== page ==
Public Enterprises Free Essays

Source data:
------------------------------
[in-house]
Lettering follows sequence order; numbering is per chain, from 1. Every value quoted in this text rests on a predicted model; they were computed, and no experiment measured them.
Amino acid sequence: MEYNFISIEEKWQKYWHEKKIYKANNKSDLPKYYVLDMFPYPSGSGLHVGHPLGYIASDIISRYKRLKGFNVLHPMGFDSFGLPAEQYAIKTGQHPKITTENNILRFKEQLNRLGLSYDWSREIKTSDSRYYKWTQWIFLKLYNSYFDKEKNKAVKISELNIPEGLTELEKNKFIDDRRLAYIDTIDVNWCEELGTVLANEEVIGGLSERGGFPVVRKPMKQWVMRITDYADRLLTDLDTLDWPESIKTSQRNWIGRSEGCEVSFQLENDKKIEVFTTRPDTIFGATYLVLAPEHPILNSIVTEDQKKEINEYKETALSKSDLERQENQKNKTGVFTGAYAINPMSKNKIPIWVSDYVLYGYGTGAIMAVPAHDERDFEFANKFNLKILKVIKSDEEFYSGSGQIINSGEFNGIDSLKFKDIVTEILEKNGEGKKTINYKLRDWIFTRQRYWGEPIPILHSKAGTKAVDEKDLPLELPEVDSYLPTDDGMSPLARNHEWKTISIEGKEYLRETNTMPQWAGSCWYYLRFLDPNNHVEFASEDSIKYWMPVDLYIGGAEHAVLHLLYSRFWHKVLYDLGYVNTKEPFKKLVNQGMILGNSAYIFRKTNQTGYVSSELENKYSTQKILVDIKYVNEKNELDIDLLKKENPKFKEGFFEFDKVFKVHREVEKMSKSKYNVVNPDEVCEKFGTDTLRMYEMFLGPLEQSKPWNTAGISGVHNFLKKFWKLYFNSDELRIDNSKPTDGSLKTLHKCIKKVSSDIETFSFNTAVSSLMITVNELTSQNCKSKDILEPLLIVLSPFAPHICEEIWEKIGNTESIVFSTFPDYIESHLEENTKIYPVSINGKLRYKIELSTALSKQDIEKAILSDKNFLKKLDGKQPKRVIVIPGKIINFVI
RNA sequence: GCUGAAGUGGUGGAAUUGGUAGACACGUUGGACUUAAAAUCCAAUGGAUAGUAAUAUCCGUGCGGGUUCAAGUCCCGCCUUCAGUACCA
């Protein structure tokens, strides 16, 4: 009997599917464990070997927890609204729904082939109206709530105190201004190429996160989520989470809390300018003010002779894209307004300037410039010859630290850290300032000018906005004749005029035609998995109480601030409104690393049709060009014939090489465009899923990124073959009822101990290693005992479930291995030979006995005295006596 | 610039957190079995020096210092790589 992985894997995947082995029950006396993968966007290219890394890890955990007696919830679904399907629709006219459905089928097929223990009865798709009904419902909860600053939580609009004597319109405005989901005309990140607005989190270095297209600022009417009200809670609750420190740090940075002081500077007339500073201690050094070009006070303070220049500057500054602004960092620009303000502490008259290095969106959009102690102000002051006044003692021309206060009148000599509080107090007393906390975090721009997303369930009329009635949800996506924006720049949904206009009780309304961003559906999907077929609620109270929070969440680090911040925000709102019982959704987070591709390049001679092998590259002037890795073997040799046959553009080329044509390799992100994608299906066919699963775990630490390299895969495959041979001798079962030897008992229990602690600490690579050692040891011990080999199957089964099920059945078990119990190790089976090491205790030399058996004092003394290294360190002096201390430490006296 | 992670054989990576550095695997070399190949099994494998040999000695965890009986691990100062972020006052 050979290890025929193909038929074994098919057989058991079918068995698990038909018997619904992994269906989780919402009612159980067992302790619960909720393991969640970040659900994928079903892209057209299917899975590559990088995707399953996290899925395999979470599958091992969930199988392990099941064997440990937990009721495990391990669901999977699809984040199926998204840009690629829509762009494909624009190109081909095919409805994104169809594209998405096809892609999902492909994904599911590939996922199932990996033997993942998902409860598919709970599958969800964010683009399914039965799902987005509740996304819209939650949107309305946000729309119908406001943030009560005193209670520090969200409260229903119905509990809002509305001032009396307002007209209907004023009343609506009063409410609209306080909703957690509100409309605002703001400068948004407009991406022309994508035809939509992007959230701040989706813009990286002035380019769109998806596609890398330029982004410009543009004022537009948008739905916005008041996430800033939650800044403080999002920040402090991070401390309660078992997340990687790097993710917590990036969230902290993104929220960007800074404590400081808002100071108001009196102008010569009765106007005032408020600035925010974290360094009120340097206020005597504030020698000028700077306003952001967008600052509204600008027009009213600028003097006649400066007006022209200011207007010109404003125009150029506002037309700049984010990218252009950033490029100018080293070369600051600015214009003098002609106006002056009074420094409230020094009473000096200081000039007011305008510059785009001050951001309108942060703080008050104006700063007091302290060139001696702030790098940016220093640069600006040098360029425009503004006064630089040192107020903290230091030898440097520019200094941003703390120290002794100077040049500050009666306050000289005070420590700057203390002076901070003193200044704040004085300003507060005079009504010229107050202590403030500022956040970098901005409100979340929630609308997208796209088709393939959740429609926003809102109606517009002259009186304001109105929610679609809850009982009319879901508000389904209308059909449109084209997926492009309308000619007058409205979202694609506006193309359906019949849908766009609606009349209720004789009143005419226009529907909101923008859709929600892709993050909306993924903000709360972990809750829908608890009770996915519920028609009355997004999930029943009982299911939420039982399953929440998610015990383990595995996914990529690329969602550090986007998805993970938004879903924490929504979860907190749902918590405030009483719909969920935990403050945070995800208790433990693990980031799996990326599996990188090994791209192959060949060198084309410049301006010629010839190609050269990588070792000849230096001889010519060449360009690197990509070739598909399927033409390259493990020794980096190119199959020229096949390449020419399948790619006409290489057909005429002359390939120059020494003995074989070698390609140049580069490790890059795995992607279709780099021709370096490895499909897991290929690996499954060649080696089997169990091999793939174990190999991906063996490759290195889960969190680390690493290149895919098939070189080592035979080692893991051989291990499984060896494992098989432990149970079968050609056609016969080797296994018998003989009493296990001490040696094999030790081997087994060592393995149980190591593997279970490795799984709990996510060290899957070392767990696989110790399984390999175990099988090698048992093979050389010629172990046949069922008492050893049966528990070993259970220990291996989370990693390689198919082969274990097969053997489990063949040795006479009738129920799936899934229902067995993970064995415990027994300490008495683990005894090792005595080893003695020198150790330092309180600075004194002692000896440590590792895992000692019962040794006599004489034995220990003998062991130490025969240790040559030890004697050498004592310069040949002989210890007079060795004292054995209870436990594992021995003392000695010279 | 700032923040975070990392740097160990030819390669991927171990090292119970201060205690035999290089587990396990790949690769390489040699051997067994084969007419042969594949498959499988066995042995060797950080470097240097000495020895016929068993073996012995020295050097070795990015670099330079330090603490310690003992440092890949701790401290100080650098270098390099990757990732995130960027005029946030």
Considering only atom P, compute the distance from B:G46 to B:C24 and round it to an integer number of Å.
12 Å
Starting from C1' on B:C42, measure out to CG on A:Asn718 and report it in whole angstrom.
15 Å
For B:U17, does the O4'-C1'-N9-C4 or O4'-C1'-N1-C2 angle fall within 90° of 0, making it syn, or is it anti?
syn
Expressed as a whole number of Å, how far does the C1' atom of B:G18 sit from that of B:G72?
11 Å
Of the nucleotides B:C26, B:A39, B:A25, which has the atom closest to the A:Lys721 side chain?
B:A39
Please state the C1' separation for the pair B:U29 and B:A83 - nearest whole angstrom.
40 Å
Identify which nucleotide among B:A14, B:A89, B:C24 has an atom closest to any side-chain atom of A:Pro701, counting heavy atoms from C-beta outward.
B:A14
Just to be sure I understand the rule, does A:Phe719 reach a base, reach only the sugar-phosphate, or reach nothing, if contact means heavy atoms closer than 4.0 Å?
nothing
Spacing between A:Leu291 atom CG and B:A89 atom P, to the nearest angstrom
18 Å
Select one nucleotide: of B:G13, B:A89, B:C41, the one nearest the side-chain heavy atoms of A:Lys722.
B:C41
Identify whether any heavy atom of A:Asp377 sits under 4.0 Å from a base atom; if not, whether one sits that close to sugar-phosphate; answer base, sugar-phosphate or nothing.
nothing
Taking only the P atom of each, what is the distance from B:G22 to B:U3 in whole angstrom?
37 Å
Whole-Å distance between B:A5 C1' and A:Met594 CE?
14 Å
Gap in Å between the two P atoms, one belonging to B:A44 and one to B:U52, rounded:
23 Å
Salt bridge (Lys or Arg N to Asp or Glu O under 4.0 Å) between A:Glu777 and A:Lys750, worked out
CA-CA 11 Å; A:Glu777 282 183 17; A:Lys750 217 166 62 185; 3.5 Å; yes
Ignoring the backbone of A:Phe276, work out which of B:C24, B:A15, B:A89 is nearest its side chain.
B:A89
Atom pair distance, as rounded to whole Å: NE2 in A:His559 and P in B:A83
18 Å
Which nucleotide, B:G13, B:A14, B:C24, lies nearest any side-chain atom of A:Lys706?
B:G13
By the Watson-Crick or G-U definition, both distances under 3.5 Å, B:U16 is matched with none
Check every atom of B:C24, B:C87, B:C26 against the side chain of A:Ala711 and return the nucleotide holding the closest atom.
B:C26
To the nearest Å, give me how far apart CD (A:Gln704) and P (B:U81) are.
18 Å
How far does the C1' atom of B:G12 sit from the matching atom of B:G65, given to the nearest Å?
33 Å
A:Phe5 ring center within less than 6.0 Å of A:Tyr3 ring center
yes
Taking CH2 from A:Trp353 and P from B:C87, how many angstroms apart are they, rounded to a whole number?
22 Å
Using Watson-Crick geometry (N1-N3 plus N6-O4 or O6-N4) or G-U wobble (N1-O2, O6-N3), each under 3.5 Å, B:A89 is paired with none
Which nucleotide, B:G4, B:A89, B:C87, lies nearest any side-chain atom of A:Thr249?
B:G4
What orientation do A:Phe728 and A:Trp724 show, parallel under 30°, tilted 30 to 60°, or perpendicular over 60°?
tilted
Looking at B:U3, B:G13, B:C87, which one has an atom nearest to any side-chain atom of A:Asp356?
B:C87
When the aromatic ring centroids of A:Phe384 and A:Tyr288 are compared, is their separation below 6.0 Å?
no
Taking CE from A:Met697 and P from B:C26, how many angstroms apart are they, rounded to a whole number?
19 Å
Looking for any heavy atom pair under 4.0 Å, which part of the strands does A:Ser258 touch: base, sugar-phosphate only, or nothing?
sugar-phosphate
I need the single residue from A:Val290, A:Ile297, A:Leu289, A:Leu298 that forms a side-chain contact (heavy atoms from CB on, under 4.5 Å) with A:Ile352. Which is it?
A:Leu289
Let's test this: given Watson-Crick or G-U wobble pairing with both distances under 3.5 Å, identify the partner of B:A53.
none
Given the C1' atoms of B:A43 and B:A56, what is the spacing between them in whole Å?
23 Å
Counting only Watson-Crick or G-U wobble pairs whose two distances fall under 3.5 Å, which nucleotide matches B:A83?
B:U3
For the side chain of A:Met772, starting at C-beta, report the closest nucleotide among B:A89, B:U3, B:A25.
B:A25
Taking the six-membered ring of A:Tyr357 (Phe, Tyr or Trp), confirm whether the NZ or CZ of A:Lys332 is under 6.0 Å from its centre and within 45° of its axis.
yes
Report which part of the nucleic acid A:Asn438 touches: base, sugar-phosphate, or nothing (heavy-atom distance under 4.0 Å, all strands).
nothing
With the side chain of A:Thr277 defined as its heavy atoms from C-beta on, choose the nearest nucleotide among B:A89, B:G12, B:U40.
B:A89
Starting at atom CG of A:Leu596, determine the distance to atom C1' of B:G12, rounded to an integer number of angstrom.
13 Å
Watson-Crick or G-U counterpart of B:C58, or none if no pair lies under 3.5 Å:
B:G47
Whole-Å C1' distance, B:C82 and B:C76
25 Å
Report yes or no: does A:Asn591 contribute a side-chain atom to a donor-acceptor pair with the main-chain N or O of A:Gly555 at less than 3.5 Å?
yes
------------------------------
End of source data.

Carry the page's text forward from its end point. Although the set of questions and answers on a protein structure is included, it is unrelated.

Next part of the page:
What are the Objectives of Public Enterprises? SOUMYA SINGH In India, public enterprises have been assigned the task of realising the objectives laid down in the Directive Principles of State Policy. Public sector as a whole seeks: (a) to gain control of the commanding heights of the economy, (b) to promote critical development in terms of social gain or strategic value rather than on consideration of profit, and (c) to provide commercial surplus with which to finance further economic development. The main objectives of public enterprises in India are as follows: 1. We will write a custom essay sample on Public Enterprises or any similar topic only for you Order Now Economic development: Public enterprises were set up to accelerate the rate of economic growth in a planned manner. These enterprises have created a sound industrial base for rapid industrialisation of the country. They are expected to provide infrastructure facilities for promoting balanced and diversified economic structure of development. 2. Self-reliance: Another aim of public enterprises is to promote self-reliance in strategic sectors of the national economy. For this purpose, public enterprises have been set up in transportation, communication, energy, petro-chemicals, and other key and basic industries. . Development of backward Areas: Several public enterprises were established in backward areas to reduce regional imbalances in development. Balanced development of different parts of the country is necessary for social as well as strategic reasons. 4. Employment generation: Unemployment has become a serious problem in India. Public enterprises seek to offer gainful employment to millions. In order to protect jobs, several sick units in the private sector have been nationalised. 5. Economic surplus: Public enterprises seek to generate and mobilise surplus for reinvestment. These enterprises earn money and mobilise public savings for industrial development. 6. Egalitarian society: An important objective of public enterprises is to prevent concentration of economic power and growth of private monopolies. Public sector helps the Government to enforce social control on trade and industry for ensuring equitable distribution of goods and services. Public enterprises protect and promote small scale industries. 7. Consumer welfare: Public enterprises seek to protect consumers from exploitation and profiteering by ensuring supply of essential commodities at cheaper prices. They aim at stabilising prices. 8. Public utilities: Private sector is guided by profit motive. Therefore, it is reluctant to invest money in public utility services like water supply, gas, electricity, public transport. Therefore, the Government has to assume responsibility for providing such services. 9. Defence: Government has to set up public enterprises for production of defence equipment. Supply of such equipment cannot be entrusted for private sector due to the need for utmost secrecy. 10. Labour welfare: Public enterprises serve as model employers. They ensure welfare and social security of employees. Many public enterprises have developed townships, schools, college and hospitals for their workers. Role and Rationale of Public Enterprises The public sector has been playing a vital role in the economic development of the country. In fact the public sector has come to occupy such an important place in our economy that on its effective performance depends largely the achievement of the country’s economic and social goals. Public sector is considered a powerful engine of economic development and an important instrument of self-reliance. The main contributions of public enterprises to the country’s economy may be described as follows: 1. Filling of gaps: At the time of independence, there existed serious gaps in the industrial structure of the country, particularly in the field of heavy industries. Basic and key industries require huge capital investment, involve considerable risk and suffer from long gestation periods. Private sector concerns do not come forward to establish such industries. Public sector has helped to fill up these gaps. The basic infrastructure required for rapid industrialisation has been built up, through the production of strategic capital goods. The public sector has considerably widened the industrial base of the country and speeded up the pace of industrialisation. 2. Employment: Public sector has created millions of jobs to tackle the unemployment problem in the country. Public sector accounts for about two-third of the total employment in the organised industrial sector in India. By taking over many sick units, the public sector has protected the employment of millions. Public sector has also contributed a lot towards the improvement of working and living conditions of workers by serving as a model employer. 3. Balanced regional development: Private industries tend to concentrate in certain regions while other regions remain backward. Public sector undertakings have located their plants in backward and untraded parts of the country. These areas lacked basic industrial and civic facilities like electricity, water supply, township and manpower. Public enterprises have developed these facilities thereby bringing about complete transformation in the social-economic life of the people in these regions. Steel plants of Bhilai, Rourkela and Durgapur; fertilizer factory at Sindri, machine tool plants in Rajasthan, precision instruments plants in Kerala and Rajasthan, etc. are a few examples of the development of backward regions by the public sector. 4. Optimum utilisation of resources: Public enterprises make better utilisation of scarce resources of the country. They are big in size and able to enjoy the benefits of large scale operations. They help to eliminate wasteful completion and ensure full use of installed capacity. Op timum utilisation of resources results in better and cheaper production. 5. Mobilisation of surplus: The profits earned by public enterprises are reinvested for expansion and diversification. Moreover, public sector concerns like banks and financial nstitutions mobilise scattered public savings thereby helping the process of capital formation in the country. Public enterprises earn considerable foreign exchange through exports. 6. Self reliance: Public enterprises have reduced considerably the need for imports by producing new and better products within the country. These enterprises are also earning considerable amount of foreign exchange through exports. 7. Socialistic pattern of society: Public sector is an instrument for realising social objectives. Public enterprises help to check concentration of wealth and private monopolies. These enterprises can serve as powerful means of economic and social change. 8. Public welfare: Public enterprises help in the establishment of a welfare state in the country. These enterprises supply essential commodities at cheaper rates. A proper balance between demand and supply is created to protect consumers against exploitation by profit hungry businessmen. Public enterprises also protect and promote the interests of workers. Criticism of Public Enterprises [Arguments against Public Enterprises] Public enterprises are opposed on account of weaknesses in their organisation and working. These enterprises generally suffer from the following problems: 1. Delay in completion: Often a very long time is taken in the establishment and completion of public enterprises. Delay in completion leads to increase in the cost of establishment and benefits extracted from them are delayed. 2. Faulty evaluation: Public enterprises are in some cases set upon political considerations. There is no proper evaluation of demand and supply and expected costs and benefits. There are no clear cut objectives and guidelines. In the absence of proper project planning there is under- utilisation of capacity and wastage of national resources. . Heavy overhead costs: Public enterprises often spend huge amounts on providing housing and other amenities to employees. Though such investment is useful for employees but it takes away a large part of capital and the project suffers from financial difficulties. 4. Poor returns: Majority of the public enterprises in India are incurring loss. In some of them the profits earned do not yield a reasonable return on huge investment. Lack of effective financial controls, wasteful expenditure and dogmatic pricing policy result in losses 5. Inefficient management: Due to excessive centralisation of authority and lack of motivation public enterprises are managed inefficiently. High level posts are often occupied by persons lacking necessary expertise but enjoying political support. 6. Political interference: There is frequent interference from politicians and civil servants in the working of public enterprises. Such interference leaves little scope for initiative and freedom of action. Public enterprises enjoy little autonomy and flexibility of operations. 7. Labour problems: In the absence of proper manpower planning public enterprises suffer from over-staffing. Jobs are created to fulfil employment goals of the Government. Guarantee of job in these enterprises encourages trade unions to be militant in pursuing their aims. Growth of Public Enterprises in India At the time of independence, public sector in India was confined mainly to railways, communications, defence production and public utility services. Since then the growth of public enterprises has been very rapid. Now public sector consists of public utilities (e. g. , railways, post and telegraph, etc), manufacturing concerns (e. g. , BHEL, SAIL, etc. ), trading organisations (e. g. STC, MMTC, etc. ), service organisations (e. g. , NIDC, RITES, etc. ). SAIL, a Maharatna Company of Govt. of India, is the world’s leading and India’s largest steel producer with an annual turnover of around Rs. 50,348 crore (FY11-12). It operates and owns 5 integrated steel plants at Rourkela, Bhilai, Durgapur, Bokaro and Burnpur and 3 special steel plants at Salem, Durgapur and Bhadravati. As part of its global ambition the Company is implementing a massive expansion plan involving project work of building/adding new facilites with emphasis on state of the art green technology. List of Maharatna, Navratna and Miniratna CPSEs As per available information (as on February, 2013) Maharatna CPSEs Bharat Heavy Electricals Limited Coal India Limited GAIL (India) Limited Indian Oil Corporation Limited NTPC Limited Oil Natural Gas Corporation Limited Steel Authority of India Limited Navratna CPSEs Bharat Electronics Limited Bharat Petroleum Corporation Limited Hindustan Aeronautics Limited Hindustan Petroleum Corporation Limited Mahanagar Telephone Nigam Limited National Aluminium Company Limited NMDC Limited Neyveli Lignite Corporation Limited Oil India Limited Power Finance Corporation Limited Power Grid Corporation of India Limited Rashtriya Ispat Nigam Limited Rural Electrification Corporation Limited Shipping Corporation of India Limited Miniratna Category – I CPSEs Airports Authority of India Antrix Corporation Limited Balmer Lawrie Co. Limited Bharat Dynamics Limited BEML Limited Bharat Sanchar Nigam Limited Bridge Roof Company (India) Limited Central Warehousing Corporation Central Coalfields Limited Chennai Petroleum Corporation Limited Cochin Shipyard Limited Container Corporation of India Limited Dredging Corporation of India Limited Engineers India Limited Ennore Port Limited Garden Reach Shipbuilders Engineers Limited Goa Shipyard Limited Hindustan Copper Limited HLL Lifecare Limited Hindustan Newsprint Limited Hindustan Paper Corporation Limited Housing Urban Development Corporation Limited India Tourism Development Corporation Limited Indian Railway Catering Tourism Corporation Limited IRCON International Limited KIOCL Limited Mazagaon Dock Limited Mahanadi Coalfields Limited Manganese Ore (India) Limited Mangalore Refinery Petrochemical Limited Mishra Dhatu Nigam Limited MMTC Limited MSTC Limited National Fertilizers Limited National Seeds Corporation Limited NHPC Limited Northern Coalfields Limited Numaligarh Refinery Limited ONGC Videsh Limited Pawan Hans Helicopters Limited Projects Development India Limited Railtel Corporation of India Limited Rashtriya Chemicals Fertilizers Limited RITES Limited SJVN Limited Security Printing and Minting Corporation of India Limited South Eastern Coalfields Limited State Trading Corporation of India Limited Telecommunications Consultants India Limited THDC India Limited Western Coalfields Limited WAPCOS Limited Miniratna Category-II CPSEs Bharat Pumps Compressors Limited Broadcast Engineering Consultants (I) Limited Central Mine Planning Design Institute Limited Ed. CIL (India) Limited Engineering Projects (India) Limited FCI Aravali Gypsum Minerals India Limited Ferro Scrap Nigam Limited HMT (International) Limited HSCC (India) Limited India Trade Promotion Organisation Indian Medicines Pharmaceuticals Corporation Limited M E C O N Limited National Film Development Corporation Limited National Small Industries Corporation Limited P E C Limited Rajasthan Electronics Instruments Limited How to cite Public Enterprises, Essay examples